Who Voices The Turtle In 'Finding Nemo'? Squirt's Dad Is An Oscar-Winning Director
13 years after Finding Nemo was released, forgetful blue tang fish Dory is getting her own star vehicle. Pixar's Finding Dory comes to theaters on June 17. Ellen DeGeneres returns as Dory; so does Albert Brooks as Nemo's dad Marlin. But the familiar voices don't end there. Get ready to meet some new sea life and greet some returning characters. Among the Finding Nemo friends making a comeback in Finding Dory is Crush, the chilled out sea turtle the duo met while looking for the lost little clownfish. You probably remember Crush's California surfer-speak, but do you know who played him? The voice of turtle Crush in Finding Nemo belongs to none other than Andrew Stanton, and that's just one of the roles Stanton fills at Pixar.
Crush had few cares in Finding Nemo besides riding the East Australian Current and imparting his relaxed wisdom to his son Squirt. His human alter ego has a much busier calendar. Stanton has added his voice to several Pixar films, including Toy Story 2 (Evil Emperor Zurg) and Cars (Fred), so he knows his way around a soundbooth. But he has also written and/or directed many of them as well. That's right: the voice of Crush is one of the creative minds who shaped Pixar into a powerhouse animation studio. In fact, Stanton technically directed his own performances here. He directed both Finding Nemo and the sequel.
Stanton's career with Pixar goes back to the studio's first feature, Toy Story and even before. He has an "Original Story By" credit there, and was nominated along with his collaborators for a Best Original Screenplay Academy Award. The first feature he directed for Pixar was A Bug's Life in 1998; that was a collaboration with Toy Story director John Lasseter. Stanton won his first Oscar for Finding Nemo for Best Animated Feature in 2004 and returned to the podium to pick up the same award for the sustainability parable and robot love story WALL-E in 2009. ("Look, the thing I am attracted to is that it is the loneliest character I could have ever heard of. And the opposite of loneliness is love," Stanton told A.V. Club about his non-verbal hero.)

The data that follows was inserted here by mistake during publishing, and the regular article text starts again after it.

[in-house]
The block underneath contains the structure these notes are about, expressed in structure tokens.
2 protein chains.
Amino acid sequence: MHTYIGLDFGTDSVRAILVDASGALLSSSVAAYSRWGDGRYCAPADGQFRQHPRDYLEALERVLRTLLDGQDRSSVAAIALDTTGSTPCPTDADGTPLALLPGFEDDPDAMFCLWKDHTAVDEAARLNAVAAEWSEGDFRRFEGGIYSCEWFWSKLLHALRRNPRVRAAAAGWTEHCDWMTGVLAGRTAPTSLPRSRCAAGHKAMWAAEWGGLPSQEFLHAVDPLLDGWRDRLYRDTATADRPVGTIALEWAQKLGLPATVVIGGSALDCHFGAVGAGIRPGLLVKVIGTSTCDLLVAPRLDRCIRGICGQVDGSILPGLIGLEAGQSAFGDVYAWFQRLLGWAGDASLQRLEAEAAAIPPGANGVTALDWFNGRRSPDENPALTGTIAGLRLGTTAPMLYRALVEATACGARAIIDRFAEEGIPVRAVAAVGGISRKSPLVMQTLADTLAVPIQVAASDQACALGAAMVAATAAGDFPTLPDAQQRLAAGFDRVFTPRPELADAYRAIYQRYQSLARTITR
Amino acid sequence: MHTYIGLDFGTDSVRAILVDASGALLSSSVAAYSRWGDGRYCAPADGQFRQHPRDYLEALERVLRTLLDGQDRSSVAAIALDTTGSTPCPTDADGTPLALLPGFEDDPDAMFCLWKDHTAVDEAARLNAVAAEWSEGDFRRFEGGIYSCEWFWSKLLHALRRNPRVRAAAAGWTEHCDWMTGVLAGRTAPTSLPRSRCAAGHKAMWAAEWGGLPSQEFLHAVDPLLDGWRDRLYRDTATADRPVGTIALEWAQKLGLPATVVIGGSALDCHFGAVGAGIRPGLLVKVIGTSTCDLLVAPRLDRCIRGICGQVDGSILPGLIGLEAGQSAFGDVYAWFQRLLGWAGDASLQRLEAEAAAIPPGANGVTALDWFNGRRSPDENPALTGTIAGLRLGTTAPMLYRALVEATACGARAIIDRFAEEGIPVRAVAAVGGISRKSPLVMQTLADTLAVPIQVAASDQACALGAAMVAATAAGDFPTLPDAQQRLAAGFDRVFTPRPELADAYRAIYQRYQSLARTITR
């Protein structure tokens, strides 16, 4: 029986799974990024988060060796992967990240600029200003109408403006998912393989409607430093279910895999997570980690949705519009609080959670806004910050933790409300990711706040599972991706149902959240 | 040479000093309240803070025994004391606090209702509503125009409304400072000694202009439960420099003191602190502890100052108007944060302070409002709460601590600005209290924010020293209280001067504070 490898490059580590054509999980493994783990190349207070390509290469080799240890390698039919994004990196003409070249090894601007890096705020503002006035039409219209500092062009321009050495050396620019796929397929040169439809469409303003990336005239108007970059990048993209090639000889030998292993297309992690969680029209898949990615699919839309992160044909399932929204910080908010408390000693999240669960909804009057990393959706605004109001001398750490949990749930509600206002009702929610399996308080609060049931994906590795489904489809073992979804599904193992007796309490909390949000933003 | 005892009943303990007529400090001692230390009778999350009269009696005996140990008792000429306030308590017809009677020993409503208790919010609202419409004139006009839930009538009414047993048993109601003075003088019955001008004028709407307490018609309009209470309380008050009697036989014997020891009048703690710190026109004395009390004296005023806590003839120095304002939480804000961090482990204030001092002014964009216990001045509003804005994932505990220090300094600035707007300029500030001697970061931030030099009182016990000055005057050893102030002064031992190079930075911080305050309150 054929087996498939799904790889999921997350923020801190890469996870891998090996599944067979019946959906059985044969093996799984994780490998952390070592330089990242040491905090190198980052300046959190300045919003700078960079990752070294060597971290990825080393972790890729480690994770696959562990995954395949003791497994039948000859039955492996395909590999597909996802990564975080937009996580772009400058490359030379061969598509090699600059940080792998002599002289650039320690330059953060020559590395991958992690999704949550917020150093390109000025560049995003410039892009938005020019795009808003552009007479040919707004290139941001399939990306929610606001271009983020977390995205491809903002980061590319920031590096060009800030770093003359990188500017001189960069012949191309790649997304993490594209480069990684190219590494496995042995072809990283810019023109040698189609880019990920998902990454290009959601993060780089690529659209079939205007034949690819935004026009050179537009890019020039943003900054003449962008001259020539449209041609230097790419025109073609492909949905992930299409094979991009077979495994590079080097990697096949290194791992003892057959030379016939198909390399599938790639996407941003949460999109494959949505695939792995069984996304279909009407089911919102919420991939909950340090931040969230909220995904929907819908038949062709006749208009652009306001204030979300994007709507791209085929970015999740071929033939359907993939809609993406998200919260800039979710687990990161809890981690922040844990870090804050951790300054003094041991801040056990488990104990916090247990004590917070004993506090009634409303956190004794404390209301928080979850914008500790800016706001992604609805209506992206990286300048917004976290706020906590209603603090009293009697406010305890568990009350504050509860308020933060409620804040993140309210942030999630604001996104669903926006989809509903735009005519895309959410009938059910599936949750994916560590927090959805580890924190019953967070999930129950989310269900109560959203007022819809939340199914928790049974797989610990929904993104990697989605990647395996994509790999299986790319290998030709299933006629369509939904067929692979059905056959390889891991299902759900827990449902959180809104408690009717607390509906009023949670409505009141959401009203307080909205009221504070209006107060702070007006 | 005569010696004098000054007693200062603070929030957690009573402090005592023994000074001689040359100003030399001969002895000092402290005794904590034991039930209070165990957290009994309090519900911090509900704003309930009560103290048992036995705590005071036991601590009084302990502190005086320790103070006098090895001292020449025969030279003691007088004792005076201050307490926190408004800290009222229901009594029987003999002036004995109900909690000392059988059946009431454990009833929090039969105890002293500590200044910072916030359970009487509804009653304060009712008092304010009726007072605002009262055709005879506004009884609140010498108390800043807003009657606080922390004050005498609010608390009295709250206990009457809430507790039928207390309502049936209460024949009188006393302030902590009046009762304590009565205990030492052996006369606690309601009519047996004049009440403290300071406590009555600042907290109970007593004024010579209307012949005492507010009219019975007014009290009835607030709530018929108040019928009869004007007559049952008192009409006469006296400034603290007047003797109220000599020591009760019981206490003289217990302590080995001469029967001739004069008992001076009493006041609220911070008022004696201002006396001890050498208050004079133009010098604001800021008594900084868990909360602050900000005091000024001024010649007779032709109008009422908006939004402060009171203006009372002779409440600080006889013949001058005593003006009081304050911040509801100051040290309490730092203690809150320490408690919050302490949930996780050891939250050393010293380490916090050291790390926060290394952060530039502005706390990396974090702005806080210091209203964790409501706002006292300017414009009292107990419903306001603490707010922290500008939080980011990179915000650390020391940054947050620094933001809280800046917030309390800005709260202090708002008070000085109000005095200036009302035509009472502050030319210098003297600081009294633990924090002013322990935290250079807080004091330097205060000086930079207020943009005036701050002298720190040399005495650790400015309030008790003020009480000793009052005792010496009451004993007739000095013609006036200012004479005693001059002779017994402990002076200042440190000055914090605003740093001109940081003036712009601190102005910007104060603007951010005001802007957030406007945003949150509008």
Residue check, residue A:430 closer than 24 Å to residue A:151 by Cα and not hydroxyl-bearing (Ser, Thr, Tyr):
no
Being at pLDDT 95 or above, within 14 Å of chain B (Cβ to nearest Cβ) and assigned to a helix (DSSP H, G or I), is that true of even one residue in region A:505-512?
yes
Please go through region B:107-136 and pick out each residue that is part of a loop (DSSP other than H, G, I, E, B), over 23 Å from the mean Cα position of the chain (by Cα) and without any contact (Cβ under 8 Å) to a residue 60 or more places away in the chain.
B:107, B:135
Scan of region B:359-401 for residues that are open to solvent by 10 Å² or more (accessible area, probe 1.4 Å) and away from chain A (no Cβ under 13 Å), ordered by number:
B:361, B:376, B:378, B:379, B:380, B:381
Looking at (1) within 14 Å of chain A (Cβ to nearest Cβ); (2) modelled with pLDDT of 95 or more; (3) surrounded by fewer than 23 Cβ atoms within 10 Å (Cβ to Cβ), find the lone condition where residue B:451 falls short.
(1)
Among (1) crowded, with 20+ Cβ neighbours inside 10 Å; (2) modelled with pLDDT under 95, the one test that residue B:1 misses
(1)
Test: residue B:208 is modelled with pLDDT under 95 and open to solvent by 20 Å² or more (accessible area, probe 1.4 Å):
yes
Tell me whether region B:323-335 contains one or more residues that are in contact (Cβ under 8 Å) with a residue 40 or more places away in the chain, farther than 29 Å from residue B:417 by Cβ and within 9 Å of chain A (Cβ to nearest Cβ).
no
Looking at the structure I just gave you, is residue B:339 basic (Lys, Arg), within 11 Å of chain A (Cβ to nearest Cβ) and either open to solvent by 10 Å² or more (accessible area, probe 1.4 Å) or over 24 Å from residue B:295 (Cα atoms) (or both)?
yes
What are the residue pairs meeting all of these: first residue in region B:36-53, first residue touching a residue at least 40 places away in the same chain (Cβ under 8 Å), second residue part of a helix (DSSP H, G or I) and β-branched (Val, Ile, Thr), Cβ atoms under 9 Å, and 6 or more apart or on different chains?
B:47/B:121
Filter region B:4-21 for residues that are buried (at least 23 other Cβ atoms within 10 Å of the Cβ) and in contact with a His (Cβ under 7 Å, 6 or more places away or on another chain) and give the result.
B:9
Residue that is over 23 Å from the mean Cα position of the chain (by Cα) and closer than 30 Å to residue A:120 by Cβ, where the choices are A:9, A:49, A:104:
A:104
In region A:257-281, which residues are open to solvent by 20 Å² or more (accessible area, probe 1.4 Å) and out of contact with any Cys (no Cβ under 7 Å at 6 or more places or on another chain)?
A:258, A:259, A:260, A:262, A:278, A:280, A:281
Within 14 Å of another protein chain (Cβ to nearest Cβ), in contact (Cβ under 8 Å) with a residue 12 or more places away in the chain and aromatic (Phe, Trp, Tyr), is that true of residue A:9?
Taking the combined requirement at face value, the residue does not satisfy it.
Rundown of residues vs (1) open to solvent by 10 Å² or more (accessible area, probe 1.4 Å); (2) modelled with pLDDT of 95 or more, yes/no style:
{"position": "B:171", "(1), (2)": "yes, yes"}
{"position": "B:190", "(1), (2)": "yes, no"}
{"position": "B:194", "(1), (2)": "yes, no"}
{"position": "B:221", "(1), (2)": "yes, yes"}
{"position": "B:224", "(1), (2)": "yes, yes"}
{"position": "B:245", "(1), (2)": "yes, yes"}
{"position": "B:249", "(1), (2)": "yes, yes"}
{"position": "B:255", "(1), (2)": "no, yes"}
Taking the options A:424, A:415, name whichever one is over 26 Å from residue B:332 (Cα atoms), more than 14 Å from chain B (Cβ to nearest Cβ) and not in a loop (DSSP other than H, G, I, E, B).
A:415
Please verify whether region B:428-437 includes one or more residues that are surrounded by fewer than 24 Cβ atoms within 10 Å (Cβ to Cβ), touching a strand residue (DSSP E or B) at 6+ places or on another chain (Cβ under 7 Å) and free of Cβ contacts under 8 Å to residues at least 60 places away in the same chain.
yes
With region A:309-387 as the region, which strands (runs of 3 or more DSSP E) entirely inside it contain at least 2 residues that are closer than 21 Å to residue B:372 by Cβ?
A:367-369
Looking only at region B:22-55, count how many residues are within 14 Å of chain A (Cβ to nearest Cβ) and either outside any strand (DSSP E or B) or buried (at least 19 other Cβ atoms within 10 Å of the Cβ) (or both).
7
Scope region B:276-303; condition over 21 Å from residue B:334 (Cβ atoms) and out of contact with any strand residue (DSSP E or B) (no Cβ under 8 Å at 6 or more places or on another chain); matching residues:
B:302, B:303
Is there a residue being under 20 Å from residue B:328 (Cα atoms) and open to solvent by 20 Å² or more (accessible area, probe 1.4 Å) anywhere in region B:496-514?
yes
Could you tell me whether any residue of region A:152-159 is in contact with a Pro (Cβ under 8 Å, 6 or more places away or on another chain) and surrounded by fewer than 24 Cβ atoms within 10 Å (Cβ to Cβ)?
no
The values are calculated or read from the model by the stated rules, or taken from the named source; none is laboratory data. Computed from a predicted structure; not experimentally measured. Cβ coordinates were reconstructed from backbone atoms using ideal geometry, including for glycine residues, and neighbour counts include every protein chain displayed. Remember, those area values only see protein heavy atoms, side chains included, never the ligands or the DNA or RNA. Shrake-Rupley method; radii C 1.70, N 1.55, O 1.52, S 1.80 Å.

Stanton has been occupied by other projects (including his first live-action feature writing and directing job, the 2012 action flick John Carter), but it's not like a Nemo follow-up has been stalled for all this time. “I never thought there was going to be a sequel, until one day I went, ‘You know, I worry Dory could get lost again and not find the family she has,'" the director explained to Yahoo Movies. (Don't we all?!) That was in 2011. After the initial idea came Pixar's lengthy gestation process. Stanton told Yahoo the final Dory screenplay came after "10 or 11 drafts." But the animation Renaissance man is used to multi-tasking. He said to Yahoo:
I wrote Nemo while finishing A Bug’s Life. I wrote WALL-E when I was finishing Nemo. I wrote Carter while I was finishing up WALL-E. When you’re working so fast and so hard, it’s an easy time, in a weird way, to just have another ball thrown at you to juggle, because you’re at your peak of juggling things.
A juggling director who voices a sea turtle in his spare time? Sounds like a Pixar movie.
Images: Walt Disney Studios; Giphy